Donald Trump Looms Large On Mid-Term Elections – Analysis


By Seema Sirohi

The US mid-term elections are generally seen as a referendum on the president and depending on his performance, his party can get a boost or get busted at the polls.  

Elections will be held on Nov. 6 for all 435 seats in the House of Representatives and 35 of the 100 seats in the Senate. Currently, the Republicans hold 235 seats to Democrats’ 193 in the House with seven seats vacant.  

In the Senate, the Republicans have 51 and Democrats hold 47. Two remaining seats are held by independents who normally vote with the Democrats.  

Will President Donald Trump’s disruptive policies at home and abroad help maintain Republican Party’s control over the US Congress or will the Democrats take over the House of Representatives as many predict, thereby putting the brakes on the president’s political agenda?  

Trump’s approval ratings hover between 40 to 44%, figures comparable to Bill Clinton’s in 1994, George W. Bush’s in 2006 and Barack Obama’s in 2010 before they had a mid-term referendum.  

A Fox News poll released Oct. 18 showed a majority (53%) of likely voters want the next Congress more to be a check on the president than a vehicle for his policies. This is not good news for the Republican Party.  

The same poll showed race relations to be Trump’s worst issue with a 22-point negative rating. Health care (negative 16) and immigration (negative 14) came in second and third.  

But Trump gets positive ratings for handling the economy (positive 6) and the hurricanes (positive 2). However, historically, a good economy is no guarantee of success for the president’s party.  

Trump has been talking a lot about the economy at his rallies. With GDP growth at 4.2% and unemployment at 3.7% is the lowest since 1969, he has boasted that this the “best” the economy has ever been. The stock market has soared under him, apparently unaffected by his tariff wars against China and others.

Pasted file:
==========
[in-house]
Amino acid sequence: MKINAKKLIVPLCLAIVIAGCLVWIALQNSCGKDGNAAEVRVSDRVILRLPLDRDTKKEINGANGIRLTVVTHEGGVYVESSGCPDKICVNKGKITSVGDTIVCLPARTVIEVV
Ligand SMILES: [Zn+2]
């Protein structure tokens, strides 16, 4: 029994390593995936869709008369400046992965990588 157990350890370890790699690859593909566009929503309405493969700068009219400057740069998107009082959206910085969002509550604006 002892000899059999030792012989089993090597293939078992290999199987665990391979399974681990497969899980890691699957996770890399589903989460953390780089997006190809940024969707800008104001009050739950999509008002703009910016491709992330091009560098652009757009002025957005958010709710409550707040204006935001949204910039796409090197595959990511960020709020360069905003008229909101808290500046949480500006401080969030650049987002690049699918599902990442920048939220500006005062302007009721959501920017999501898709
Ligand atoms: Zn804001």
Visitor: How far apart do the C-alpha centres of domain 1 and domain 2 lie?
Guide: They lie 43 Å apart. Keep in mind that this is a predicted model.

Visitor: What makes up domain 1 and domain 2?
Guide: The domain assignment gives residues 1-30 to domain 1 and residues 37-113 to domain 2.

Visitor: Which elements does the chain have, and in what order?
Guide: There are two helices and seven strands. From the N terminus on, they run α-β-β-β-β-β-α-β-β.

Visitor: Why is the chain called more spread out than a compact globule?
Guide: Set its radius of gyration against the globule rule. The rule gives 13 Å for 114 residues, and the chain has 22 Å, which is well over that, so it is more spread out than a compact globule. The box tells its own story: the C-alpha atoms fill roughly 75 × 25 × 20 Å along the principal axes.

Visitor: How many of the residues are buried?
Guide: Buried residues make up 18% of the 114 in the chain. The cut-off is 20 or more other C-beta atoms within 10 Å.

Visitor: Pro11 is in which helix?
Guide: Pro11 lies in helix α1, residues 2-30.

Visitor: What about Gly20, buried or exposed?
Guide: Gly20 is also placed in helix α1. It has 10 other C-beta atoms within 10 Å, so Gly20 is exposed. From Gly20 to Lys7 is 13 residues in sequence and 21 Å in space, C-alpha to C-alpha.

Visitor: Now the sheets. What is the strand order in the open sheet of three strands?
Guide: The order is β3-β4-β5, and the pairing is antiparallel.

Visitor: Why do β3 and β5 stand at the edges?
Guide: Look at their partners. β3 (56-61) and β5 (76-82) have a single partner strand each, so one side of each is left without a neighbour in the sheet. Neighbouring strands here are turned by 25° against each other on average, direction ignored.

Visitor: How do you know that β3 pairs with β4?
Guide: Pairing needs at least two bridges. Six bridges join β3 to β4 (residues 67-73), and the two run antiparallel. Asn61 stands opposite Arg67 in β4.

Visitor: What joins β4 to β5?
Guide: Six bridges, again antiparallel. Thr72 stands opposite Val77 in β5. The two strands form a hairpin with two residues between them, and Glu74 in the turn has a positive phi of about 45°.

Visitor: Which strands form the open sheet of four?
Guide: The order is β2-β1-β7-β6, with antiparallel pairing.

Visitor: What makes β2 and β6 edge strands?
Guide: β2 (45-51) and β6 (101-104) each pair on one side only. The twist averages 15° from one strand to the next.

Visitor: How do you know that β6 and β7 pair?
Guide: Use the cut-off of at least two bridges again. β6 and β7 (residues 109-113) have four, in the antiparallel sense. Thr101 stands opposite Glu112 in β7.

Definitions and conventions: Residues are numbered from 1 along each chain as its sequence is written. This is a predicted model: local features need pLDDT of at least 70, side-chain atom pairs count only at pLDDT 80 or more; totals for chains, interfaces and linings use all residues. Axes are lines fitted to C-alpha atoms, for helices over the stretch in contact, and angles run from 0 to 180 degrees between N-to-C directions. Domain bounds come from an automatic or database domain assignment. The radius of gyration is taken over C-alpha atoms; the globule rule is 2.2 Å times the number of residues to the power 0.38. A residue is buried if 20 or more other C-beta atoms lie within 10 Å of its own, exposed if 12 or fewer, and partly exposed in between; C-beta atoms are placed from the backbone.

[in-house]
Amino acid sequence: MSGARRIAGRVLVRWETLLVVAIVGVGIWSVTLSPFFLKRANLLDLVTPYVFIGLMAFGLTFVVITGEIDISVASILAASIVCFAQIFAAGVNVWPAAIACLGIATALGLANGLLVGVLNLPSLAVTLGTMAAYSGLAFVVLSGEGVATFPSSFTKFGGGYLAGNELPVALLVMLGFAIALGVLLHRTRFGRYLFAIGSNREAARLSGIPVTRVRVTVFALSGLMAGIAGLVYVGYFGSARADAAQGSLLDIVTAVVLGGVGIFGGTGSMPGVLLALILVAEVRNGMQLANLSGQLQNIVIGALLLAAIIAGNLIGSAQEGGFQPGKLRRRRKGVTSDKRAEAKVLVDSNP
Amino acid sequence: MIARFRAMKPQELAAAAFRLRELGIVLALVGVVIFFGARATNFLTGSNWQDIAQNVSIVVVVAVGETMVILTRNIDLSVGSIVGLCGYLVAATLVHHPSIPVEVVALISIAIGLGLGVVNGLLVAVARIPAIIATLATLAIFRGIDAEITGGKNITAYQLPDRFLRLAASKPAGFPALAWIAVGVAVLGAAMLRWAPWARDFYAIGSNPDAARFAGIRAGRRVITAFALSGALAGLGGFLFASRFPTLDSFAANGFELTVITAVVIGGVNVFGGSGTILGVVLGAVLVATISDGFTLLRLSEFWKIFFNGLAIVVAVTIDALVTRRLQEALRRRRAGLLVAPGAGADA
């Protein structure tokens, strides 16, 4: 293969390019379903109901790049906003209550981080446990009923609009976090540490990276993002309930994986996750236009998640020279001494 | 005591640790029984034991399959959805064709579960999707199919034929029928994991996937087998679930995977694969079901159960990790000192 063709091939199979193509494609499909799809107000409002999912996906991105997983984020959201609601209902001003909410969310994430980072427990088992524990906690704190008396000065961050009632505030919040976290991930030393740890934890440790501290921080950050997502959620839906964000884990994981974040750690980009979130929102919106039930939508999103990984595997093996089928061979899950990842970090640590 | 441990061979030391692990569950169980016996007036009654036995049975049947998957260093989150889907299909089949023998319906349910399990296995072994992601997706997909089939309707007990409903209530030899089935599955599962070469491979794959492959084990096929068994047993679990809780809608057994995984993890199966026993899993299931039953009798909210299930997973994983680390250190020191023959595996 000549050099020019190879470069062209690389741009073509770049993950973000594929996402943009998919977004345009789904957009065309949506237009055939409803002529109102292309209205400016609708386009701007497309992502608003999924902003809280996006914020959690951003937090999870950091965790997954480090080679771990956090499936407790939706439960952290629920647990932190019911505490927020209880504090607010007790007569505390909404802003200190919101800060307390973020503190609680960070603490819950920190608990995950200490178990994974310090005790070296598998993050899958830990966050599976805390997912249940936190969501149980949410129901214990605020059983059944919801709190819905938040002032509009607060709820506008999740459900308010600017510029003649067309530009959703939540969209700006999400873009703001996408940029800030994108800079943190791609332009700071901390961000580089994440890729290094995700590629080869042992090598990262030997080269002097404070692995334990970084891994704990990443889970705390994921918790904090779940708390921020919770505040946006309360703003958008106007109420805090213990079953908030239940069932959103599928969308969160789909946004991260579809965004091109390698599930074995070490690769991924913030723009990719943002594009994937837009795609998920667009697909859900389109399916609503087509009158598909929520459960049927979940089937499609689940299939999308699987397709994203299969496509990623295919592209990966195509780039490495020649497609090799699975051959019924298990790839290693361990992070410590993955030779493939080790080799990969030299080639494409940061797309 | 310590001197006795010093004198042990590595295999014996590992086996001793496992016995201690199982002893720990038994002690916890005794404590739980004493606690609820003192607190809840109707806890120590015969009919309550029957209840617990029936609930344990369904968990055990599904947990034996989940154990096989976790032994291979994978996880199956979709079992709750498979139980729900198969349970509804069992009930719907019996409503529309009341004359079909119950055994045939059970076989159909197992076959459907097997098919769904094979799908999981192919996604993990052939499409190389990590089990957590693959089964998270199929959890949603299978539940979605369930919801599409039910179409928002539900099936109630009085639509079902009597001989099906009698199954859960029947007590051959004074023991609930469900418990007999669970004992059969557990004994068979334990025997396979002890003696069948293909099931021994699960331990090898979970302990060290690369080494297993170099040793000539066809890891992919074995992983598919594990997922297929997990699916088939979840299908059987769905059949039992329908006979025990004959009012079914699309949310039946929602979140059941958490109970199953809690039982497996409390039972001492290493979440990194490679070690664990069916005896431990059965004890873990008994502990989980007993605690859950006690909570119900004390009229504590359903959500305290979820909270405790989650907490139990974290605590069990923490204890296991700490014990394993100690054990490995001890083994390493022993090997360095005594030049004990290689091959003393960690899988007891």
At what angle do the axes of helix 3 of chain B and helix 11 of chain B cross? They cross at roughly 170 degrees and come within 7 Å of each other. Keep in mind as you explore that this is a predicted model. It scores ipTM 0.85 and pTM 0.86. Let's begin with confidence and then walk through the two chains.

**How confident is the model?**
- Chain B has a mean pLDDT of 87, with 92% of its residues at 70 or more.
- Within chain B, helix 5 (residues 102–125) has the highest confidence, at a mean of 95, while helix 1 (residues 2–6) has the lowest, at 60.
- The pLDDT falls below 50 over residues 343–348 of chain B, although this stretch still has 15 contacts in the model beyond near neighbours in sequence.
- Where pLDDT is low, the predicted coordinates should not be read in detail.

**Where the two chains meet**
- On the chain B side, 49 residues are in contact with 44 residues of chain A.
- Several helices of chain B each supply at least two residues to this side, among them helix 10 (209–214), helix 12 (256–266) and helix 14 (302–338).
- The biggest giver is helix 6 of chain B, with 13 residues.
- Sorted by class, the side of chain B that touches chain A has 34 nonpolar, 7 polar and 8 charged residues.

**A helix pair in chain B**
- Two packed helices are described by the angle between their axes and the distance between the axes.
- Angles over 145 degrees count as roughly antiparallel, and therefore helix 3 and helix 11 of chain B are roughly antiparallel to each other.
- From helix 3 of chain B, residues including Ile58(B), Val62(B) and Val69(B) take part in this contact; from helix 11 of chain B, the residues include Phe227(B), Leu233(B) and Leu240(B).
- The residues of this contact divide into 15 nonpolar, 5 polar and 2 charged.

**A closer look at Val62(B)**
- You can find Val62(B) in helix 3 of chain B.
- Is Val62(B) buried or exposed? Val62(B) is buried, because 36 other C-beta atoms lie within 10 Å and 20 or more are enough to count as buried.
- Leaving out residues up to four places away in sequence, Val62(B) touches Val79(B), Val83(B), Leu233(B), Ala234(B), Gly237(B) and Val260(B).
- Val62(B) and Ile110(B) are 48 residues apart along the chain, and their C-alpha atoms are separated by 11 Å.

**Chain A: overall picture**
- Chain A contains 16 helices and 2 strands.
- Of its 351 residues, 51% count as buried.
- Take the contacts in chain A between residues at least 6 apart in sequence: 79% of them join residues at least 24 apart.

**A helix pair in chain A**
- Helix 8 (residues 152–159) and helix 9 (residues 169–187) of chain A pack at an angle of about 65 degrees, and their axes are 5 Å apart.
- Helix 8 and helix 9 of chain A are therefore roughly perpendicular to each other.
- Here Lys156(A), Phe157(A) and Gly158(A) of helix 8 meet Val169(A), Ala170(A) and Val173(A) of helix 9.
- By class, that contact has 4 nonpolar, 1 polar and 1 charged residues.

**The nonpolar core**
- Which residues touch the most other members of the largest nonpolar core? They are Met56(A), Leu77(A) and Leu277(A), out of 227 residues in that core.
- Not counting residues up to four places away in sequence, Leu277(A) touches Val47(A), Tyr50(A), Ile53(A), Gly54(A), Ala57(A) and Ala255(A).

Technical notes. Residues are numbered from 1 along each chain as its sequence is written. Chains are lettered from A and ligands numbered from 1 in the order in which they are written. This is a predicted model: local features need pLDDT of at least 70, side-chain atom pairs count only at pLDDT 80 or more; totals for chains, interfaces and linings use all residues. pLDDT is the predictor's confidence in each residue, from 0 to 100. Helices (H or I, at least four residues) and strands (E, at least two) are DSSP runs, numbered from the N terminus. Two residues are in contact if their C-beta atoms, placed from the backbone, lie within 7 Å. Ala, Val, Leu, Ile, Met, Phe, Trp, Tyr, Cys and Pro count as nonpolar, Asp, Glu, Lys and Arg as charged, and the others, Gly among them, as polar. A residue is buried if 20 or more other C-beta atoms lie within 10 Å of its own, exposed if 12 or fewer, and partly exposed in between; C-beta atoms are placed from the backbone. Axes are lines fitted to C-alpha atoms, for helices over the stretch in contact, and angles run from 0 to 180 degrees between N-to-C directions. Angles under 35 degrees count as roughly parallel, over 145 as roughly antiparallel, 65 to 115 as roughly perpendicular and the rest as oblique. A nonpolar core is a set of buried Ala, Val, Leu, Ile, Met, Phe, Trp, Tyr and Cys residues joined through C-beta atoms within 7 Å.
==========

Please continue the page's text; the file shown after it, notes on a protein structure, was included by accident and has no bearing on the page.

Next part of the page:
But the Democrats have raised more money, registered more voters, and turned out in greater numbers during the primaries. They are angry and raring to go.  

However, intervening events could hamper their chances.  

The recent storm over the confirmation of conservative judge Brett Kavanaugh to the Supreme Court is one such event whose full impact on voters is not fully known. The Fox News poll shows voters are split – 47% approve of his nomination while 48% disapprove.

The loud protests against Kavanaugh on Capitol Hill by women and Democratic Party supporters have energised the Republican base just as they have the Democratic base.  

There is plenty of talk of a “blue wave” rising with the Democrats taking over the House – they need 23 to gain majority — while the Republicans maintain control of the Senate, even adding a couple of extra seats.  

After polls and pundits proved so wrong in 2016 about Trump’s prospects, it’s no surprise the experts are cautious this time around. Yet, there is convergence that signs of a “blue” wave for the House are growing.  

The Democrats have been anxious ever since Trump won the presidency. They have been fund-raising furiously and keeping the base active. The “resistance” movement – often led by women – has grown across the country.